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One summer of Bible teaching.
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Sit at Solomon’s feet for 6 weeks and learn how to live for eternity even when the pile of laundry seems to be blocking your view. Understanding What Matters Most-Making here and now count for then and there.
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I loved watching The Brady Bunch. Somehow it conjured up my idea of a perfect family. A happily married couple with three boys and three girls. For a little girl whose family remained intact until I was seventeen, I didn’t consider how that cute sitcom may have majorly minimized what really happens behind closed doors in a blended family.
I didn’t have a clue how inharmonious a home can be when trying to blend two completely different families into one. Perhaps The Brady Bunch left us thinking that Alice would make everything better with the help of the local butcher and some fresh-baked brownies. Or maybe it shed some light on the American reality of broken and blended homes.
But is that how the blended family life looks in real life? Does the meshing of two families into one happen as easily as writing ‘happily-ever-after’ into a script?
We all know real life isn’t as neatly laid out as a 30 minute television show. Even reality shows lose the ‘real’ in the midst of the story-line.
Occasionally, the blending of two families is like maneuvering a few puzzle pieces around until they slip into place. It may take a little effort, but it’s a fit.
Unfortunately, that’s not normally the case.
Most blended families find themselves entering uncharted territory without knowing what course to follow, what to expect along the way and without a planned destination. It’s not easy when there is no ‘one’ route that works for every family.
And since we can’t paint every family with the same brush, it’s important to consider the variables, the similarities and the goals.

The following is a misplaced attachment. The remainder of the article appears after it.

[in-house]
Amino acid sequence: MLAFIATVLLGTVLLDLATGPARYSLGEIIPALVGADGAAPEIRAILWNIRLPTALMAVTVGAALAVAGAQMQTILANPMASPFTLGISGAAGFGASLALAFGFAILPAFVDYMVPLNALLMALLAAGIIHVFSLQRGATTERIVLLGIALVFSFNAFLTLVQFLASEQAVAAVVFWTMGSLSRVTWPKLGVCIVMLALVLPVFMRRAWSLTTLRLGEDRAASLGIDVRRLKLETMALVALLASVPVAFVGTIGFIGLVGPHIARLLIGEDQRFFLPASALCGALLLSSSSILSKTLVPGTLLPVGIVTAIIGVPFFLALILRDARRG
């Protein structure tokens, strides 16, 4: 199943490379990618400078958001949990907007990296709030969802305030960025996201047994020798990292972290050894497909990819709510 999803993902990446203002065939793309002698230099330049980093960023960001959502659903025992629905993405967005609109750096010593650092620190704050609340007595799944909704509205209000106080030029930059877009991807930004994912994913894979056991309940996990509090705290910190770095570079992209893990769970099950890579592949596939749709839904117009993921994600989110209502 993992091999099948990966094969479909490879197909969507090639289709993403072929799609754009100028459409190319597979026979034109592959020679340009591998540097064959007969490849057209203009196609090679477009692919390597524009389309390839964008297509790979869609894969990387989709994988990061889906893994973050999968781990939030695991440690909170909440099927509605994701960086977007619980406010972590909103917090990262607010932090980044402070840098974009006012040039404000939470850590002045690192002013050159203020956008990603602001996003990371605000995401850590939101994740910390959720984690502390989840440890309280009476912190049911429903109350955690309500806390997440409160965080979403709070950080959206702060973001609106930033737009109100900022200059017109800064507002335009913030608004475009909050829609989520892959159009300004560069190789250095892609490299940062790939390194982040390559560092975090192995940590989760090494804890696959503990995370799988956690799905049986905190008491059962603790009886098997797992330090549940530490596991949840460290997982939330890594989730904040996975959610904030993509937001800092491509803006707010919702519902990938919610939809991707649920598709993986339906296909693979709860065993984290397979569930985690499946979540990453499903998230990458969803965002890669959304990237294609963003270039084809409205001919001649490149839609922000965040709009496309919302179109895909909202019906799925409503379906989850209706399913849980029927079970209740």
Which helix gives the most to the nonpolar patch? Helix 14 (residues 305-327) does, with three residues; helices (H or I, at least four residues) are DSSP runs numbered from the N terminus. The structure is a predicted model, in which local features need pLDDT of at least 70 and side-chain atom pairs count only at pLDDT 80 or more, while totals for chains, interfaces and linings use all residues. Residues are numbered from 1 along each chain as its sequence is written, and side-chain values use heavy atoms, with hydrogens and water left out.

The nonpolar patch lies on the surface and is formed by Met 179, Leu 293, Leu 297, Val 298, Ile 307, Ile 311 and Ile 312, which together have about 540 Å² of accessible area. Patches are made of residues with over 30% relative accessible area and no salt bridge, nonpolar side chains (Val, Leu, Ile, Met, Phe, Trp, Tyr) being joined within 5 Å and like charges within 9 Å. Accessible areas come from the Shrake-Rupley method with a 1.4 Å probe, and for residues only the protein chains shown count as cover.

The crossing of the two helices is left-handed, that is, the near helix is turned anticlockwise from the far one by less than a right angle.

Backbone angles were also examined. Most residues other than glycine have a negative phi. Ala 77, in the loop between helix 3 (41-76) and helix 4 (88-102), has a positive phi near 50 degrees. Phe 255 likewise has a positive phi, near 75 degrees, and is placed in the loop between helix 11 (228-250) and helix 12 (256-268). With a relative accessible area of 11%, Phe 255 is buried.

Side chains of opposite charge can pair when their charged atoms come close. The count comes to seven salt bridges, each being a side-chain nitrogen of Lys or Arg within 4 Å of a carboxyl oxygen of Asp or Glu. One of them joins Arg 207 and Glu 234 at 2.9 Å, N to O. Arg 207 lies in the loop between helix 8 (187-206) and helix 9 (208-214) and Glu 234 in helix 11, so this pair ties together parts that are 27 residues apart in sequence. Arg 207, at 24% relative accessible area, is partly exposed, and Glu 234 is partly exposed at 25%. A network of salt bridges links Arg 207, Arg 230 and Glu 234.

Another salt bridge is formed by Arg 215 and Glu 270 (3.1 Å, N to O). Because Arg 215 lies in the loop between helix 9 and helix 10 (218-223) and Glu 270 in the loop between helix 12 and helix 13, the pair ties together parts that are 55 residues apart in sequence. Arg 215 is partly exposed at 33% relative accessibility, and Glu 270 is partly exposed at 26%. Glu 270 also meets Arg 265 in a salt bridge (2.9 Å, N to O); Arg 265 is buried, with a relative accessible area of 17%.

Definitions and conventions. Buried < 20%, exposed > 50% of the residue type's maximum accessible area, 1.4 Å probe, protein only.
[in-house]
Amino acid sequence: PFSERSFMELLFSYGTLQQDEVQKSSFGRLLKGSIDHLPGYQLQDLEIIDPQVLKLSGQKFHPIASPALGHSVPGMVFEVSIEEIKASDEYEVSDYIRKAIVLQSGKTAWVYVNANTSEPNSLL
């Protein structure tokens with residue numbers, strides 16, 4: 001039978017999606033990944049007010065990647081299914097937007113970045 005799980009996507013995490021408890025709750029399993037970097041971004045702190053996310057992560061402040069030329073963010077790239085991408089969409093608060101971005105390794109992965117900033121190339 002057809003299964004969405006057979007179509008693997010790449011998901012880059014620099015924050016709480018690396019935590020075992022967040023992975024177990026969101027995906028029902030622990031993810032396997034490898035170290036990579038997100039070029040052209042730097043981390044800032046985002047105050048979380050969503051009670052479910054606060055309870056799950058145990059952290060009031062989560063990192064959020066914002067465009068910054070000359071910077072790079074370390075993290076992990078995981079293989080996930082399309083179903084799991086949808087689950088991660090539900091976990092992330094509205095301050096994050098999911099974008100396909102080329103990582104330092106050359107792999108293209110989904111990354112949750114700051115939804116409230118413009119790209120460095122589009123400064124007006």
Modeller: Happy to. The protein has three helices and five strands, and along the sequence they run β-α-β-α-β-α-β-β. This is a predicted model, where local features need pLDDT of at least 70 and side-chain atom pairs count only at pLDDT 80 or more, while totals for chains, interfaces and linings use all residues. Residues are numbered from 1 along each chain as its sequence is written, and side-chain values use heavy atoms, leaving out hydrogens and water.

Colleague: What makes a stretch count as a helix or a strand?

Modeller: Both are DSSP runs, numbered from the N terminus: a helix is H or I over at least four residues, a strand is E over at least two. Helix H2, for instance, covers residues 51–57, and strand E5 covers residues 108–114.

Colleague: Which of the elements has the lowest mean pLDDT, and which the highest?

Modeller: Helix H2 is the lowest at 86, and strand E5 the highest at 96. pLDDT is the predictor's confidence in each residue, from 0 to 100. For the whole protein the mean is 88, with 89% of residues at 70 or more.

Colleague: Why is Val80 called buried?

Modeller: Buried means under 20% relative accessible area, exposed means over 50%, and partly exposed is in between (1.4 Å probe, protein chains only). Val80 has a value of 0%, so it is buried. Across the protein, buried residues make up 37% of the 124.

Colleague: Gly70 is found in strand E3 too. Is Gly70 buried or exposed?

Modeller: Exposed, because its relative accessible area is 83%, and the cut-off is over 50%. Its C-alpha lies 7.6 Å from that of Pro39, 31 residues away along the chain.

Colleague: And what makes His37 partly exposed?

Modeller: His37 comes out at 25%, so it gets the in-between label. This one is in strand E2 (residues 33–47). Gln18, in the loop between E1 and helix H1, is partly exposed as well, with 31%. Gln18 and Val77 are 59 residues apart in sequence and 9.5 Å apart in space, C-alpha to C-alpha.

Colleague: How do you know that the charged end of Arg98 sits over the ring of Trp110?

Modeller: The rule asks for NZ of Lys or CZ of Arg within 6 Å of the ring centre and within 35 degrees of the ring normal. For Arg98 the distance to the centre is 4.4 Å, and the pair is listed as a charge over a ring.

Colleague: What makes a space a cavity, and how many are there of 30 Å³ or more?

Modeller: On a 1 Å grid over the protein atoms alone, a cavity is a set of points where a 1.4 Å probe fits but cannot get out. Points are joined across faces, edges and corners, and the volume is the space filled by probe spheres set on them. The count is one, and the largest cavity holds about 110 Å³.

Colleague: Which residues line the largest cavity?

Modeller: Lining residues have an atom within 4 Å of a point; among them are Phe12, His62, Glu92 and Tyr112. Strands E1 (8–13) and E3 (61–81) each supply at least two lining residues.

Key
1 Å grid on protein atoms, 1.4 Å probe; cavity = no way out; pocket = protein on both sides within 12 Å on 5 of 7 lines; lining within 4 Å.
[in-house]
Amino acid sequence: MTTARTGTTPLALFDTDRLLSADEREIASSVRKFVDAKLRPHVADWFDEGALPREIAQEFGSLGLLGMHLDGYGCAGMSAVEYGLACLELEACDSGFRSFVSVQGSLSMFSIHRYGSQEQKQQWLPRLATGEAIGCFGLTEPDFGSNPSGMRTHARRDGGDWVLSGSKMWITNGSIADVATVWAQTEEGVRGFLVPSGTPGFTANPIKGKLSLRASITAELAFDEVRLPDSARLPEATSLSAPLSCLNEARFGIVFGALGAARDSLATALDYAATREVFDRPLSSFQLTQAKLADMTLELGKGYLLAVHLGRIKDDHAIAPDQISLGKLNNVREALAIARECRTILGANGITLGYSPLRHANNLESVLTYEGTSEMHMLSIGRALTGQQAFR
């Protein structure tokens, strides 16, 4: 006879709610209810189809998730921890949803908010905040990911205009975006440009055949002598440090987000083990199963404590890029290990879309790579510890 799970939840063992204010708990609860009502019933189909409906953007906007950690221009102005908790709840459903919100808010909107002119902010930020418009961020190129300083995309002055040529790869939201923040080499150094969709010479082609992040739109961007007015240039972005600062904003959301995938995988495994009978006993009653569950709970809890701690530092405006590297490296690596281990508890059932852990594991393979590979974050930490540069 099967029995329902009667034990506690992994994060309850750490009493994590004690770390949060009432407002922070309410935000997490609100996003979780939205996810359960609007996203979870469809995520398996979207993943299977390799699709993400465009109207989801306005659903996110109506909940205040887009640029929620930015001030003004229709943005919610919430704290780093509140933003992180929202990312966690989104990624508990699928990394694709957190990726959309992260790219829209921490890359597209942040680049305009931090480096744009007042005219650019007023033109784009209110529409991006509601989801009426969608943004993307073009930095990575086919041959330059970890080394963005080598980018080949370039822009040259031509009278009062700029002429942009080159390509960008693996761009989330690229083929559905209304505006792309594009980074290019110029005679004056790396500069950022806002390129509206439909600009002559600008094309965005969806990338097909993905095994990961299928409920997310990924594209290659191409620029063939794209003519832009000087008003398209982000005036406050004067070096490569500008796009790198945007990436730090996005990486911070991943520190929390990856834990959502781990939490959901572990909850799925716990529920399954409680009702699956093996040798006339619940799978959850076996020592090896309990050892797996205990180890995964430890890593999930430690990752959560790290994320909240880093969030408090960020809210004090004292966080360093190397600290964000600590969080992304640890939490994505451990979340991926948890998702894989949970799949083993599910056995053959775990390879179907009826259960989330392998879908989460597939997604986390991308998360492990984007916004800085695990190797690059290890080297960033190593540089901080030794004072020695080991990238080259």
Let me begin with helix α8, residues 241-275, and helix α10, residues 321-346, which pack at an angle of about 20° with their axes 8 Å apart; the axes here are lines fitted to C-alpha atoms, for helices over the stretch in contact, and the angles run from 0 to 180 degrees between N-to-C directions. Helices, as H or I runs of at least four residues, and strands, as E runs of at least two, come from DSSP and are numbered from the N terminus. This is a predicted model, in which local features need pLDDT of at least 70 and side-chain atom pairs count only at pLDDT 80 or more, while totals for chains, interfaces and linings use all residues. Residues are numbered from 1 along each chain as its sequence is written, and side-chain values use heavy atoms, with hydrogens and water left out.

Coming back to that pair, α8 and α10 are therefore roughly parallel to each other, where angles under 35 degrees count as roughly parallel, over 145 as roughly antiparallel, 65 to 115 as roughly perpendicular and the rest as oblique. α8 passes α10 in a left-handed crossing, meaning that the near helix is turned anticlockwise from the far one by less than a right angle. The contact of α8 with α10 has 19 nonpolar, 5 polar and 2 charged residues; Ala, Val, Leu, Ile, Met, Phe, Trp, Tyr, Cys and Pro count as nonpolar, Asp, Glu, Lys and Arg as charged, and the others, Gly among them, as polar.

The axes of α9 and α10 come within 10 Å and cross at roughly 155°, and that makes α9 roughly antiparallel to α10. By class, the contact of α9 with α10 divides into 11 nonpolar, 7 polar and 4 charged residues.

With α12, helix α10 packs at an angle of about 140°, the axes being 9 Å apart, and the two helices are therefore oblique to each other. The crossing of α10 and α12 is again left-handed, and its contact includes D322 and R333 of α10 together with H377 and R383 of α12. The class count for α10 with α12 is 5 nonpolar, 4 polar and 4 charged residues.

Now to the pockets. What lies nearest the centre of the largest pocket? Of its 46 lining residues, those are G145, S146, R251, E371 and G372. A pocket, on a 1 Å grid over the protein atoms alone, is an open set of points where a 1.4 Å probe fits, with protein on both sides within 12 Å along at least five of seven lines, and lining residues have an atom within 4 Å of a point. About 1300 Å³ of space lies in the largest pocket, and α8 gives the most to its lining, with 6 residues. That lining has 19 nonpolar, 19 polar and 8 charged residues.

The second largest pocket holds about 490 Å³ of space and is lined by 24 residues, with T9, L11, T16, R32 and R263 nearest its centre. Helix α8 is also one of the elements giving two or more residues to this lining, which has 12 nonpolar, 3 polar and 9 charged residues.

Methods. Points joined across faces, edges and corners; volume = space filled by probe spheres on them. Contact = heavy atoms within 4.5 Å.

Every family is different. The dynamics of each family that comes together to form one is different. Defining some of those differences will help prevent scripted advice to try to solve all blended family woes. Here are some variables to consider when you are entering into a blended family, part of a blended family or trying to encourage a blended family…
- The ages of the children when their mom or dad became a single parent
- How their mom or dad became a single parent (death or divorce)
- What the children went through while both parents were together (was physical, sexual or emotional abuse involved, or was it a long and nasty divorce?)
- How long the parent was single
- How old the children are when the single parent begins dating
- How often the single parent dates and what types of people he/she is dating
- How much exposure the children have to the potential future spouse (and step-parent)
- How focused the single parent is on getting remarried (does remarriage seem more important than parenting)
- How old the children are when the single parent remarries
Each of these are important variables to consider. Each of them explain why, when it comes to “How to Have a Happy Blended Family,” there is no “one-size-fits-all” solution. These variables are also helpful for parents entering into the relationship to consider so that they can not only be prepared for some challenges they may face but also to begin undergirding the future relationship of the family with what is necessary for each family member involved.